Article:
They’ve been boiled, frozen, put in vacuums, starved, and exposed to unbearable pressures and radiation — but scientists can’t kill this creature.

They are the only animal to have survived all five of earth’s mass extinctions. This incredible feat is due to their development of unique survival mechanisms not seen in other parts of the animal kingdom.

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Feb 12, 2019

The real purpose of Russia’s 100-megaton underwater nuclear doomsday device

Posted by in categories: existential risks, military

  • Russia is said to have built a new 100-megaton underwater nuclear doomsday device, and it has threatened the US with it.
  • The device goes beyond traditional ideas of nuclear warfighting and poses a direct threat to the future of humanity or life on Earth.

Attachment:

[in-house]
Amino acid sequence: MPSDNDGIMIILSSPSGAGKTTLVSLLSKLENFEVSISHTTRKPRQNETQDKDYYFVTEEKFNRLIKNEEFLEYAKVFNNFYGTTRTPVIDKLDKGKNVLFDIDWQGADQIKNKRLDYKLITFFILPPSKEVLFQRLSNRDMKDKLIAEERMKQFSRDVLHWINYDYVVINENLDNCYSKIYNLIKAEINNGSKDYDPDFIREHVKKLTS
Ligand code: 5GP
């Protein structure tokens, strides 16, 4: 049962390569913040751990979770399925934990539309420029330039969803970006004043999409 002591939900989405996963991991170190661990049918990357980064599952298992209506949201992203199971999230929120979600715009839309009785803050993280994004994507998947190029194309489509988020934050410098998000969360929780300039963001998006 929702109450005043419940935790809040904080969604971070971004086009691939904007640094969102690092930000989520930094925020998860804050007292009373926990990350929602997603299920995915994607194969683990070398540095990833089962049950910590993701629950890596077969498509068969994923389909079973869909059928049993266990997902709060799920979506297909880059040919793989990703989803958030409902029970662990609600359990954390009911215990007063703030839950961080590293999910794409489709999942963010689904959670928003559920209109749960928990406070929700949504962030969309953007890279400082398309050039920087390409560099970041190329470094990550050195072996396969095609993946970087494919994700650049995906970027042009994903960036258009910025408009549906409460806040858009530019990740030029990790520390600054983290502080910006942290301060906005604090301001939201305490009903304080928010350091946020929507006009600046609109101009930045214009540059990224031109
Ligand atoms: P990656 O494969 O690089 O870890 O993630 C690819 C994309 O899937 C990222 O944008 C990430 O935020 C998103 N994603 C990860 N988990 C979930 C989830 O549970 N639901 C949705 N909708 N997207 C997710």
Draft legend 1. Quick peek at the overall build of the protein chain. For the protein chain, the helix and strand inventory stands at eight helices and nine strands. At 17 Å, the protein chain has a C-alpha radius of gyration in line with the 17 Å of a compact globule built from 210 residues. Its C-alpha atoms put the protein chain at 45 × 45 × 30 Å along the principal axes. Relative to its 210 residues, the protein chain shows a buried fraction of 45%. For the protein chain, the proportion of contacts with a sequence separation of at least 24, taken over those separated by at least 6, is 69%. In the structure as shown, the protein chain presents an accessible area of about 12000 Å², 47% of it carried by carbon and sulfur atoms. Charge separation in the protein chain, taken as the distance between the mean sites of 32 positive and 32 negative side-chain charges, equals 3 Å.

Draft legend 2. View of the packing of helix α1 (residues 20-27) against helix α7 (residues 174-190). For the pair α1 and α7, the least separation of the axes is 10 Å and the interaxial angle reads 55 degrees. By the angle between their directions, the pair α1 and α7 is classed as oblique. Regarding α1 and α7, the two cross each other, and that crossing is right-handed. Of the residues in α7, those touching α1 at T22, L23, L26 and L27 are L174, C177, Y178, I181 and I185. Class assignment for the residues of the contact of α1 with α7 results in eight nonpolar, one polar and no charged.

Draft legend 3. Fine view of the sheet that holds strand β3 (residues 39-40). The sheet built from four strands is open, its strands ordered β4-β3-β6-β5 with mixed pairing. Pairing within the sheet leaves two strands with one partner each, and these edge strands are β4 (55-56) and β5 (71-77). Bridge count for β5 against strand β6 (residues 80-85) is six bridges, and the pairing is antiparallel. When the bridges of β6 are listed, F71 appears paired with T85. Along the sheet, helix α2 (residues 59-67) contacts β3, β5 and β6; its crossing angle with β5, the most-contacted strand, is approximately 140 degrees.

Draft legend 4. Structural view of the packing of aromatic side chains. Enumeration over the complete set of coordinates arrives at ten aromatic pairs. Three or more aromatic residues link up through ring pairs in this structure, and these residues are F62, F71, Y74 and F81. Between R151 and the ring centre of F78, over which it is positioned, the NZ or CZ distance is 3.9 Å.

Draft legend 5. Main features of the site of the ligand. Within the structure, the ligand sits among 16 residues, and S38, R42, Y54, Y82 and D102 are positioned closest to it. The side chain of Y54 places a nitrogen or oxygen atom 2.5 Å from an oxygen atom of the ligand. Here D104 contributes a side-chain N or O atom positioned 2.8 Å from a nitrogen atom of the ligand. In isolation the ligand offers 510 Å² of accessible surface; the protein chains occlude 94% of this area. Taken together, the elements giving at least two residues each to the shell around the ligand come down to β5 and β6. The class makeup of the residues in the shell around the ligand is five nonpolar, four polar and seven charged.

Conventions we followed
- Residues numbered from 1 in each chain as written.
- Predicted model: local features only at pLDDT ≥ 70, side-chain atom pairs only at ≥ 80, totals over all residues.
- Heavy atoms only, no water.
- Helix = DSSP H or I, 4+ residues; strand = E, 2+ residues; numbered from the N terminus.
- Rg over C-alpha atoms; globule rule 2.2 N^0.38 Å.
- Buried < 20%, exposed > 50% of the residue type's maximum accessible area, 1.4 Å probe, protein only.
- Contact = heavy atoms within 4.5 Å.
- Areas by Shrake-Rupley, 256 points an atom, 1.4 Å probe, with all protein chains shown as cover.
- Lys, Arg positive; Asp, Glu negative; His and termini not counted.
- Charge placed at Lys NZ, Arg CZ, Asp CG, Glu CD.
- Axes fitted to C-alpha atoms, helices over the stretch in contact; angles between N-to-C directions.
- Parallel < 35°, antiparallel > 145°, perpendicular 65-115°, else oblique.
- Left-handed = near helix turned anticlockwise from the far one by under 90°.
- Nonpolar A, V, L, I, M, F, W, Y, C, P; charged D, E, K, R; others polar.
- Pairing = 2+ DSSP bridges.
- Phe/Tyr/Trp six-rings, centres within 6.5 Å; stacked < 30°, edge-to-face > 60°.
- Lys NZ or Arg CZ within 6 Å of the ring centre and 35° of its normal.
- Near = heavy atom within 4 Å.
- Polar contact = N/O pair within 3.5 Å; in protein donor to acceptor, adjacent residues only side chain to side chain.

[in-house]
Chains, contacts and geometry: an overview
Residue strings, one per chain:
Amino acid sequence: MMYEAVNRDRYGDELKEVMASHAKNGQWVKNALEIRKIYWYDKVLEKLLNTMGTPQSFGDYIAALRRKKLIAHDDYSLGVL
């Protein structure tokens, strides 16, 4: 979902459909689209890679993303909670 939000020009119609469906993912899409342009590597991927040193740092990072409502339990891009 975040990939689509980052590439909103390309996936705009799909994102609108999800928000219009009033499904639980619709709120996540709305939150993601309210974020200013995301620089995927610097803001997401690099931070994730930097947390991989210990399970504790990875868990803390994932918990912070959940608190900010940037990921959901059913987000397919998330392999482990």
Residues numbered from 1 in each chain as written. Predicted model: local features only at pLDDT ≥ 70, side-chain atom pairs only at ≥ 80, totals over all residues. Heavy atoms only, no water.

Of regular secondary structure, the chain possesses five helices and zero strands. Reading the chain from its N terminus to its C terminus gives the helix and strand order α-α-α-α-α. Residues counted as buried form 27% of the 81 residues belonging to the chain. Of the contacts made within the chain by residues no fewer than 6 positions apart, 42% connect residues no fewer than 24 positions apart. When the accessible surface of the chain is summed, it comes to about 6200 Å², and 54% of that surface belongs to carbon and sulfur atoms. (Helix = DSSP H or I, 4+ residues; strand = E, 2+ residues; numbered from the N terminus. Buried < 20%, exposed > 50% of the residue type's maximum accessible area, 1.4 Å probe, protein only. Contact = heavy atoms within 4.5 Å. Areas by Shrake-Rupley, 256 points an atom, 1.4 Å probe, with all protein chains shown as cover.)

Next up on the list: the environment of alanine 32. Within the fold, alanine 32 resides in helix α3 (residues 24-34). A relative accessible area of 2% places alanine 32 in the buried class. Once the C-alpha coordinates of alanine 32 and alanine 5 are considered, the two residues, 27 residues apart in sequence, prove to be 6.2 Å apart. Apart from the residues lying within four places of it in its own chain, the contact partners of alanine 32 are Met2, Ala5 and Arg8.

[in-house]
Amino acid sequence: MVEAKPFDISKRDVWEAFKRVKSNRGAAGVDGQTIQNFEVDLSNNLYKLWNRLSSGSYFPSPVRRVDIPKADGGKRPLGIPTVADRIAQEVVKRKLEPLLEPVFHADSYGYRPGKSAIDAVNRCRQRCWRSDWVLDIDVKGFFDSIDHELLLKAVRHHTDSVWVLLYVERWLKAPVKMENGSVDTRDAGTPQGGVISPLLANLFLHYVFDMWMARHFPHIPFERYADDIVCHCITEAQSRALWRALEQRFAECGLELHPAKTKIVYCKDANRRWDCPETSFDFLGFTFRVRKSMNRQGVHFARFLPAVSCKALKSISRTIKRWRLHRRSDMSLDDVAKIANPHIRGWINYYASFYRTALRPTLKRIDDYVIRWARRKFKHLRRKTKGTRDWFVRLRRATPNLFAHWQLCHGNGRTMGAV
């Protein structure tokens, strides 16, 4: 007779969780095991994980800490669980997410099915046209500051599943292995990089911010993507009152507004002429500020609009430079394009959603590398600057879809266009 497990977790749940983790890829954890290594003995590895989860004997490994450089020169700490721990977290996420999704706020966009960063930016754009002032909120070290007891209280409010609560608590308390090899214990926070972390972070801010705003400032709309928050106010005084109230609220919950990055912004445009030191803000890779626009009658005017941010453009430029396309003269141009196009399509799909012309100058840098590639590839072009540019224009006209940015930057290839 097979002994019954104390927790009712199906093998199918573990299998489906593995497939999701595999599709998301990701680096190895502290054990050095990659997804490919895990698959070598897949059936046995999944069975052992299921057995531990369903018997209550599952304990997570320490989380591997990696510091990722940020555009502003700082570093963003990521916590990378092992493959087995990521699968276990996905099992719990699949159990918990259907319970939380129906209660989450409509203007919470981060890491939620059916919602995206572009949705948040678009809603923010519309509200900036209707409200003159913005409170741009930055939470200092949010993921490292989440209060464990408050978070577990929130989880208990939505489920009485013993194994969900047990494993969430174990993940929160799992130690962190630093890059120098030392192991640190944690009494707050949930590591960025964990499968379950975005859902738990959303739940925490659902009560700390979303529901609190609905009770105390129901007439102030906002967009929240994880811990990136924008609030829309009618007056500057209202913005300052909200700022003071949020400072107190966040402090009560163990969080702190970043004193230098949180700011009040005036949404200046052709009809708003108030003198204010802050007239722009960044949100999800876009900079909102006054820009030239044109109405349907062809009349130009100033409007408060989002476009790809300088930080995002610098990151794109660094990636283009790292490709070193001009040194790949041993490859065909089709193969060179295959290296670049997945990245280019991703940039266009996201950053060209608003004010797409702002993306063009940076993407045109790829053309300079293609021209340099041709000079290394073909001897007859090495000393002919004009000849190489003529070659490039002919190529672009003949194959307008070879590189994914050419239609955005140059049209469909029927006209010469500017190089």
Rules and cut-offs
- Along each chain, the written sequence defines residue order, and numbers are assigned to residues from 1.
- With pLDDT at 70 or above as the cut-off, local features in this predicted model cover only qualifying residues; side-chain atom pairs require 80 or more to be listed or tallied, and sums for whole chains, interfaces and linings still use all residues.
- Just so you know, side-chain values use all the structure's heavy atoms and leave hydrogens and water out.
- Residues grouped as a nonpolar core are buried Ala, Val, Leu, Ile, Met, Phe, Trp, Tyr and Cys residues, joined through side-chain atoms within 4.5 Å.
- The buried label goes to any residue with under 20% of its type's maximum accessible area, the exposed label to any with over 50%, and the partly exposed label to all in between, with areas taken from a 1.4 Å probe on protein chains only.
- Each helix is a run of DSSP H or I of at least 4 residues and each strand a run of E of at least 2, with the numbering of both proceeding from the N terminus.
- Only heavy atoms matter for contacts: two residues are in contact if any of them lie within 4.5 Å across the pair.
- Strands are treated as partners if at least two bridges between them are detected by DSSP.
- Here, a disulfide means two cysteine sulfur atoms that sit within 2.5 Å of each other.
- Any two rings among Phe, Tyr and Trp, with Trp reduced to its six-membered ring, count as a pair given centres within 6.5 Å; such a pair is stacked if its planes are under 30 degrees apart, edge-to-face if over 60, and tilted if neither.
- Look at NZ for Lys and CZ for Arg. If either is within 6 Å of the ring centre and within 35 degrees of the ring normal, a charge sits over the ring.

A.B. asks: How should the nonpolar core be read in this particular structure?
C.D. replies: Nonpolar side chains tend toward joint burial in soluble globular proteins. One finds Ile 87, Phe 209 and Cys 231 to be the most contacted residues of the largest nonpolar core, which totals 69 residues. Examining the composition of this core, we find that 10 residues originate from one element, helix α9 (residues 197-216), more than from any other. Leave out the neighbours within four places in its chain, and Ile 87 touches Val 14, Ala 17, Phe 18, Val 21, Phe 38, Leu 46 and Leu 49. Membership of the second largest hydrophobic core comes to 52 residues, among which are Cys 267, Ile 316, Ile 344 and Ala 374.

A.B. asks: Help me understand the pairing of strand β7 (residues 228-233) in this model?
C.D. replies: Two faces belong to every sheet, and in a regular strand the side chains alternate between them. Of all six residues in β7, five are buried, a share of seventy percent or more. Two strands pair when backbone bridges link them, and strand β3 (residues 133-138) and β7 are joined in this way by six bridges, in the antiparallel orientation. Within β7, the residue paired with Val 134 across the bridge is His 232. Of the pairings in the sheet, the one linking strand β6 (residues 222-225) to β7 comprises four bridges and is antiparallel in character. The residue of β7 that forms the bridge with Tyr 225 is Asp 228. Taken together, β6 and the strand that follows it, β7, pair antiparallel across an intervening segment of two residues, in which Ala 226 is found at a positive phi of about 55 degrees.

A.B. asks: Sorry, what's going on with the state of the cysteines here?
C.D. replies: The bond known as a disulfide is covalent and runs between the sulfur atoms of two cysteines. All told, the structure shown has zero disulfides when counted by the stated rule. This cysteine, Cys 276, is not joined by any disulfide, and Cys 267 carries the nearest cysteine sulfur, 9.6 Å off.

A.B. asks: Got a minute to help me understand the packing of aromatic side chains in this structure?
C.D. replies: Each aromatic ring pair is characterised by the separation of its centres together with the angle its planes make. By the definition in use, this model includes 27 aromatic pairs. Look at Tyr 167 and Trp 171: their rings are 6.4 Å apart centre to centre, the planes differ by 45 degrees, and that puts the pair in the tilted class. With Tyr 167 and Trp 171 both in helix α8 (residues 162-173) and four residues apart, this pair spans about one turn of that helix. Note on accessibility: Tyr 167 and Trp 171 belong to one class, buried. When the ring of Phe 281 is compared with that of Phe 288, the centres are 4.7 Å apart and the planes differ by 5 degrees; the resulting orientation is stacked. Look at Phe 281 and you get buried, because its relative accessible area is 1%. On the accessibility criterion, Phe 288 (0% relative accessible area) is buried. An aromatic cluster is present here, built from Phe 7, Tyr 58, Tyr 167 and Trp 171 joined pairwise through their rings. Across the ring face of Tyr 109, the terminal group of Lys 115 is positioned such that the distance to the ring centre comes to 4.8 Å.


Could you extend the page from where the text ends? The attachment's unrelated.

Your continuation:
• Nobody has ever built a weapon like this before, because there’s almost no military utility in so badly destroying the world.
  • But an expert on nuclear strategy told Business Insider the weapon might have a larger role in helping Russian President Vladimir Putin break down NATO with the threat of nuclear destruction.

Since 2015, when images of a Russian nuclear torpedo first leaked on state television, the world has asked itself why Moscow would build a weapon that could end all life on Earth.

While all nuclear weapons can kill thousands in the blink of an eye and leave radiation poisoning the environment for years to come, Russia’s new doomsday device, called “Poseidon,” takes steps to maximize this effect.

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Feb 12, 2019

Insects are dying off at record rates — an ominous sign we’re in the middle of a 6th mass extinction

Posted by in category: existential risks

Forty-one percent of the world’s insects are in decline as part of the sixth mass extinction. If the decline continues, Earth could be devoid of insects in 100 years.